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Re: Using TC to simulate wireless channels
On Wed, 16 Aug 2000, christian.benven wrote:
> > christian.benven wrote:
> > > it depends on what you mean by bits/s (I do not know what is a 3G
> > > channel). Do you mean 300, 1200, 9600, ...?
> > > To smaller you want it to be, the worse it becames the simulation.
> > Do you mean that the overall result is worse or that the quality of
> > simulation suffers ? I'd be surprised by the latter, though, because
> > of the big problems of any shaping is the limited temporal granularity
> > of dequeue actions (hmm, we'll have to find a "standard" term for this
> > concept ...), so low bit rates should actually be easier.
> Yes and no.
> The main problem you face when writing a shaper is for sure the HZ (100)
> on intel machine.
> On alpha, the 1024 is a bit better.
> When you are for example simulating a 28Kbps channel over a 10/100 eth,
> you can not send the whole 28K in one shot (it takes less than 1ms.) and
> then stay silent for the remaining 999ms. In case you split the second
> in "n" slots, with "n"<=100 (HZ), it means that on each slot you can not
> send more than .28Kbps (35Bytes). Given that the IP header is at least
> 20Bytes, and then you have to add all the other headers (layer4 and
> maybe layer5) you can see that the transmission could become too bursty.
> Moreover you are adding to mush overhead (repeated headers), and because
> you probably are fragmenting the IP packets, you are also introducing a
> defragmentation delay on the other side. This means that 100 is too
> much and then if you make it smaller (say 50) you start loosing
> precision, ...
> The shaper I have written takes into account all of those aspects by
> means of retroactive mechanism.
> > > I have written a traffic shaper one year ago that does all of those
> > > things.
> > Very good - a dedicated module definitely looks like the right
> > to me. (At least until we get better useful granularity for
> > but that's FFS :-)
> > - Werner
> This is exactly what I was thinking. The problem is that last year when
> I wrote it they told me there was already cbq on the kernel plus the
> Alan Cox shaper so it was useless to try to add it.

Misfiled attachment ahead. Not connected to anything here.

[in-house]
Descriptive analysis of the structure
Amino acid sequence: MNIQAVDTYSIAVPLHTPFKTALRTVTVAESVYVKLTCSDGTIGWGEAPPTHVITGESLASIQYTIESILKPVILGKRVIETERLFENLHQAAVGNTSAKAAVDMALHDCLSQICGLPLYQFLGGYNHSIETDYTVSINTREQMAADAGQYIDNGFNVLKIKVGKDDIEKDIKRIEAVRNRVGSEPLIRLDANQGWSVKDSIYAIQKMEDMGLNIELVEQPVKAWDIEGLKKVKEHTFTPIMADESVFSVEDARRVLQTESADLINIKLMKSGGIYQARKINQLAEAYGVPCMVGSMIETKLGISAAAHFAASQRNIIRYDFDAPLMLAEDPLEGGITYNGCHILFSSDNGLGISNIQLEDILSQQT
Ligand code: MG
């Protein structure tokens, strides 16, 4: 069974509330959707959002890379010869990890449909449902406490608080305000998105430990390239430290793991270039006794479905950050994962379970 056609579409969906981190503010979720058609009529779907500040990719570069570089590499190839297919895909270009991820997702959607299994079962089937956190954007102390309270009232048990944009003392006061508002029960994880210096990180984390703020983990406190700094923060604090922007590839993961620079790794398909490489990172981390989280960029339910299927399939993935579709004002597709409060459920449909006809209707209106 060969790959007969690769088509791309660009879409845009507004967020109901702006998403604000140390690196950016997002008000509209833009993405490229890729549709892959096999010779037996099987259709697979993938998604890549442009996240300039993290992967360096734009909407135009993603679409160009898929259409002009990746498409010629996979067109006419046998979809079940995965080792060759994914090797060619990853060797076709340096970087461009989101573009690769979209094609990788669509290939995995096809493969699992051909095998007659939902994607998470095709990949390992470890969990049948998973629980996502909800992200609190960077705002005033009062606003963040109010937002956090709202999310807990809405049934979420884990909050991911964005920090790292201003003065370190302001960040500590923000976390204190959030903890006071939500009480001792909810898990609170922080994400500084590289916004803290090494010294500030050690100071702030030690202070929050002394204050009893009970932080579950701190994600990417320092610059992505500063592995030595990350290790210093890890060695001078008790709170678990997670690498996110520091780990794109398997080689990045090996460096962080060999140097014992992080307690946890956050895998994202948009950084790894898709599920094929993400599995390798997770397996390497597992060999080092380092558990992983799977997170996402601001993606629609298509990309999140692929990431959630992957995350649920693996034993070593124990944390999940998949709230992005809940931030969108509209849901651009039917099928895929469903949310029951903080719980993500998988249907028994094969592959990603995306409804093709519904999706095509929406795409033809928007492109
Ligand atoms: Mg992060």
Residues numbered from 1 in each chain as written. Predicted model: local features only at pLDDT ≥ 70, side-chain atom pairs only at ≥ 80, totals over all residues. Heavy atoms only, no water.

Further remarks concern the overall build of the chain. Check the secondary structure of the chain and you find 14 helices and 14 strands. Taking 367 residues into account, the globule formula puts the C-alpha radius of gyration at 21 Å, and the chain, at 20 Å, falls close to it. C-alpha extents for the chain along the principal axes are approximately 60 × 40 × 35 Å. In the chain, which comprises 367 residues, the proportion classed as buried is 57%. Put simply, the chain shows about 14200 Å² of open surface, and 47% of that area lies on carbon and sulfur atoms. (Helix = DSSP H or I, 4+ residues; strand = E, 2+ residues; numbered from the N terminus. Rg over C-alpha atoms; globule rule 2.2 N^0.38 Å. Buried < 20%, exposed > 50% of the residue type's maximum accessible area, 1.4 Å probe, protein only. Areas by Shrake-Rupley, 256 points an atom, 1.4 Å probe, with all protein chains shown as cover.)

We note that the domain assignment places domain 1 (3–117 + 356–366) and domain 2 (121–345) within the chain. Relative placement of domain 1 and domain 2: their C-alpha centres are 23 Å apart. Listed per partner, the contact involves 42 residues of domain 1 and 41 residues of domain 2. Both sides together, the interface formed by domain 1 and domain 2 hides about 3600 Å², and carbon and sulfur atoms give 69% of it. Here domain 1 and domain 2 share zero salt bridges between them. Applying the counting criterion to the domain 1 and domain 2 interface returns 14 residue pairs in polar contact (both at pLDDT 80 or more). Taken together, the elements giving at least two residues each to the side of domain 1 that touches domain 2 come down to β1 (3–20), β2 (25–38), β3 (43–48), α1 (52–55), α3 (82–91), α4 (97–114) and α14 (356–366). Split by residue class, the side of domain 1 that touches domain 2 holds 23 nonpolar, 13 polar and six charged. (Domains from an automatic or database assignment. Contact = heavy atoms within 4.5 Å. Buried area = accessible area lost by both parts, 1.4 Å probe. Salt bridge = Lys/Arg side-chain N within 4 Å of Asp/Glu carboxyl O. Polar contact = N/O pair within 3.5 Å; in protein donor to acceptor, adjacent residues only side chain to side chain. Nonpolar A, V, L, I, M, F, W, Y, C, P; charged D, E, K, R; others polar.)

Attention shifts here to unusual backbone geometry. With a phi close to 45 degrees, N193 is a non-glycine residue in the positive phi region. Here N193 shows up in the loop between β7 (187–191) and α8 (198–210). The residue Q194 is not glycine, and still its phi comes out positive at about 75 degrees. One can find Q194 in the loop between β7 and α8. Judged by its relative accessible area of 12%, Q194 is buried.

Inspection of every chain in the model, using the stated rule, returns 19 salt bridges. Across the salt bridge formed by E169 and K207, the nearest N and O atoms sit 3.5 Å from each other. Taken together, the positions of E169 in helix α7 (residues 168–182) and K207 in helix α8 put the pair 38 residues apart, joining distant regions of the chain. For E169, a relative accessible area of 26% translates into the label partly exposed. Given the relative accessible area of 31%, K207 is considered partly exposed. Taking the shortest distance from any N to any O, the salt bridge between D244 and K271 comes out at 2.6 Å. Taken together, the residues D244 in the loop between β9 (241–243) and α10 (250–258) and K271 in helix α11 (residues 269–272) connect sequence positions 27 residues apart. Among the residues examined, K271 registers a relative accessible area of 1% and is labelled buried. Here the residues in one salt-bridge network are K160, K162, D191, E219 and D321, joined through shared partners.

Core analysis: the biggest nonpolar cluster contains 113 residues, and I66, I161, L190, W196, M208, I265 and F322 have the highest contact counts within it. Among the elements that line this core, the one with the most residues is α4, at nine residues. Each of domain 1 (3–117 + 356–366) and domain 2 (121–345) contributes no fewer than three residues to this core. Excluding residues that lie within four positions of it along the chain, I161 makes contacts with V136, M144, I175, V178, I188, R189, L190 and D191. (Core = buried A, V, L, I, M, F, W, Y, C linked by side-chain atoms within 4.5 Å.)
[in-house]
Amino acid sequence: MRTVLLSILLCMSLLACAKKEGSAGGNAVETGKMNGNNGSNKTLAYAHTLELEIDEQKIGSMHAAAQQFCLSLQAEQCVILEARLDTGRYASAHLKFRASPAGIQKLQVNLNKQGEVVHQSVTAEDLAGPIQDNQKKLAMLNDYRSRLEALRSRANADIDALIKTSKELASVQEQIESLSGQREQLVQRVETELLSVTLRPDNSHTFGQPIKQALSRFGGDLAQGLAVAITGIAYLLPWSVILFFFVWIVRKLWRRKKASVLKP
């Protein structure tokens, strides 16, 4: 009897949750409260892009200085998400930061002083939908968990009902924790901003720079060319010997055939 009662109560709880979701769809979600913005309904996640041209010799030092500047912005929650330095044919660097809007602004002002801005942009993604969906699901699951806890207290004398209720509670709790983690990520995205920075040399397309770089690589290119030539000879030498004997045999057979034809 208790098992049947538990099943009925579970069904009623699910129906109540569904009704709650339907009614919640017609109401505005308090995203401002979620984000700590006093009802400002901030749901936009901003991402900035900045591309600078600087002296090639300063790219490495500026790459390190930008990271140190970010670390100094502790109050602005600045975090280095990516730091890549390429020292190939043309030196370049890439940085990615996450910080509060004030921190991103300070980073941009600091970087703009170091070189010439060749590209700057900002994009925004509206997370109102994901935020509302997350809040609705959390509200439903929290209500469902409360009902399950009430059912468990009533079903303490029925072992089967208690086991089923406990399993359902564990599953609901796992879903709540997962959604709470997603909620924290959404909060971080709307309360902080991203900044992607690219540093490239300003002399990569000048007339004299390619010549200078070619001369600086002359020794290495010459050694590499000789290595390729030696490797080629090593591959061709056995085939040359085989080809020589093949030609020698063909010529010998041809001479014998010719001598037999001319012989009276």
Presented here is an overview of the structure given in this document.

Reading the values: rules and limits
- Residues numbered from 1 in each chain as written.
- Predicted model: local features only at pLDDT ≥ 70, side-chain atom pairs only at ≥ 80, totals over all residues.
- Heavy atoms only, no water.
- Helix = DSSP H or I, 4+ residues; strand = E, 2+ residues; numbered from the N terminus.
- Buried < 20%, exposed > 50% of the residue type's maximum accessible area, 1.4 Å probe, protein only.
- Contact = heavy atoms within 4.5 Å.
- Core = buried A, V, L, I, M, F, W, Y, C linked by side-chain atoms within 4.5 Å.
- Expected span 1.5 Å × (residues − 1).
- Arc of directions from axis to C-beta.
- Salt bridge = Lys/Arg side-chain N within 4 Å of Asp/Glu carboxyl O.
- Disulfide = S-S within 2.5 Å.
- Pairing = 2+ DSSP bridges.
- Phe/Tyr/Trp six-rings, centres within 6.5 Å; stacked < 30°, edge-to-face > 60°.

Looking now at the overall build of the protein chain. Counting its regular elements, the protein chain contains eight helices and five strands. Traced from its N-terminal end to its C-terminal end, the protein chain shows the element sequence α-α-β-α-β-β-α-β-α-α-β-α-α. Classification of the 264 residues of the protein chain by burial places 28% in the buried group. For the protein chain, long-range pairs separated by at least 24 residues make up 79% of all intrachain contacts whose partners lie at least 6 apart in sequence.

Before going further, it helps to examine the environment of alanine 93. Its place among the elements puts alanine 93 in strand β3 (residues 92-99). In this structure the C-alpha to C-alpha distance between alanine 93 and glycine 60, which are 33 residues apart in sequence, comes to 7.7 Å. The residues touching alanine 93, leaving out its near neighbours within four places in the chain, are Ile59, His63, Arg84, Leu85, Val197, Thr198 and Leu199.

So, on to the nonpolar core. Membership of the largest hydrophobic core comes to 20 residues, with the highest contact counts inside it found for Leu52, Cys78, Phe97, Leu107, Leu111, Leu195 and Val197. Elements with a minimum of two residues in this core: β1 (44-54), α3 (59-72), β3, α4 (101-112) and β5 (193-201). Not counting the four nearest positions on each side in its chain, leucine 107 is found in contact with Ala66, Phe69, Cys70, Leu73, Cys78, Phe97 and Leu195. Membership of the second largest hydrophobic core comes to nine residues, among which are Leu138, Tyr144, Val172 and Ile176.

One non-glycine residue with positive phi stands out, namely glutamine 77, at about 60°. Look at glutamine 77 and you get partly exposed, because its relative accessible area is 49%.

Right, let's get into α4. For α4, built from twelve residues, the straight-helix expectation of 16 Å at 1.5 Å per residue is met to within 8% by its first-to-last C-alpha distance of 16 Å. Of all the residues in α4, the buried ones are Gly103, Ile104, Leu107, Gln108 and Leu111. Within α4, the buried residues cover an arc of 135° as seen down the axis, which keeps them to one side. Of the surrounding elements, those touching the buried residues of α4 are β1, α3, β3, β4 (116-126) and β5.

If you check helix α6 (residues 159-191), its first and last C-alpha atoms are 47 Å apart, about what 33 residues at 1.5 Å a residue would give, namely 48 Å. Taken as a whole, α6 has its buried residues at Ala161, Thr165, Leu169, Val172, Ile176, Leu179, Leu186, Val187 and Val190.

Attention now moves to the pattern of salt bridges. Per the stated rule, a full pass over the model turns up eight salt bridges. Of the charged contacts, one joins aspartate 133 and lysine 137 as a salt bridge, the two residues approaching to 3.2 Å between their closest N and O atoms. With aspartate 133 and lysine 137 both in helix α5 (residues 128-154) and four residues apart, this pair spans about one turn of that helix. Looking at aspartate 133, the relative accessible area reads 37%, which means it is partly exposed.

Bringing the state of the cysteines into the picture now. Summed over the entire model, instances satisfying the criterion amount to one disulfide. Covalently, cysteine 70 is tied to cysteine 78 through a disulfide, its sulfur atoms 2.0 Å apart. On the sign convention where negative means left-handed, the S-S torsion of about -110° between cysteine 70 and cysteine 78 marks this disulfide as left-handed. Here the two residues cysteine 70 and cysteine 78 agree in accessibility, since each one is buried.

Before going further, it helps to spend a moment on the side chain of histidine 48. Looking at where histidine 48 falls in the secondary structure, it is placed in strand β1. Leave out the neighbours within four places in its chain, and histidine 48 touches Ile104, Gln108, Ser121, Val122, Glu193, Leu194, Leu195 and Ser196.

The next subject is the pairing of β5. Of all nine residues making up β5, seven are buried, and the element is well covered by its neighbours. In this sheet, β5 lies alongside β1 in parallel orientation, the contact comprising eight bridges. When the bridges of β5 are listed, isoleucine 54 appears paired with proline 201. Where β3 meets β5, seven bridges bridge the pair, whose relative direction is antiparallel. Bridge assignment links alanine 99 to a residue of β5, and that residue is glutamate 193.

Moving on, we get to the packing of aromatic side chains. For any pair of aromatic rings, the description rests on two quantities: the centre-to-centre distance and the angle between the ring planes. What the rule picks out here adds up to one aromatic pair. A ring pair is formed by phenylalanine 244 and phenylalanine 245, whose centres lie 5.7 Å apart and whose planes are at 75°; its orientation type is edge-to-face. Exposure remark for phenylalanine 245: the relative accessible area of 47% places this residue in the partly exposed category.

> Then I had other things to do so I put it in a corner.
Alan's shaper should really not be used. It was ok when we were poor ;->
With the TC infrastructure in place, i would recommend it get removed from
2.4. Someone should write shaper-compatibility scripts.
> Recently I have been asked again about my shaper, so I decided to update
> it to kernel 2.2 and 2.4 and to try to add it to the kernel
> (Unfurtunately it is not written as a module at the moment :-) )
> This shaper can basicly do the following things:
> - Force a given Bandwidth
> - Change the HZ to use for the simulation
> - Force a given delay
> - apply the delay in 2 different ways
> - Change the MTU (at that time it was not possible to do it with iproute
> - Modify the buffer size
> - Decide the layer where to work (2 or 3)
> - decide what protocols (/etc/protocols) to leave unshaped (usefull
> for debugging purposes)
> - Very detailed graphical interface included
> - maybe something else, I do not remember :-)
> Of course you can change all of those parameters without rebooting the
> - Unlike the Alan Cox version, this one is not seen as a device. To
> change it to look like a device it would take a couple of days.
> At the moment it can only work with a single nic, but everything is
> ready for the multi-nic version and I have already ready (on paper) the
> patch for the multi nic buffer handling.
> As I said before, at latest by the first week of september I'll put
> everything online. At the moment I have some problem with the real-time
> classifier. I wrote it without following the "cls_api", so now I am
> converting everything but there are some things not clear to me.
> This classifier is very nice and it is supposed to work very well with a
> linux diffserv router. It can mark as EF all the multimedia realtime
> traffic (audio and video) and so you can imagine what you can do.
This is all great but really not that useful. Packet scheduling algorithms
have been studied for years. You have just invented another one, as
Alan did. I would suggest you go back and study your scheme again under
an academic environment. I strongly disagree that it should go anywhere
close to the kernel; however,there might be some useful ideas there that
can be leveraged.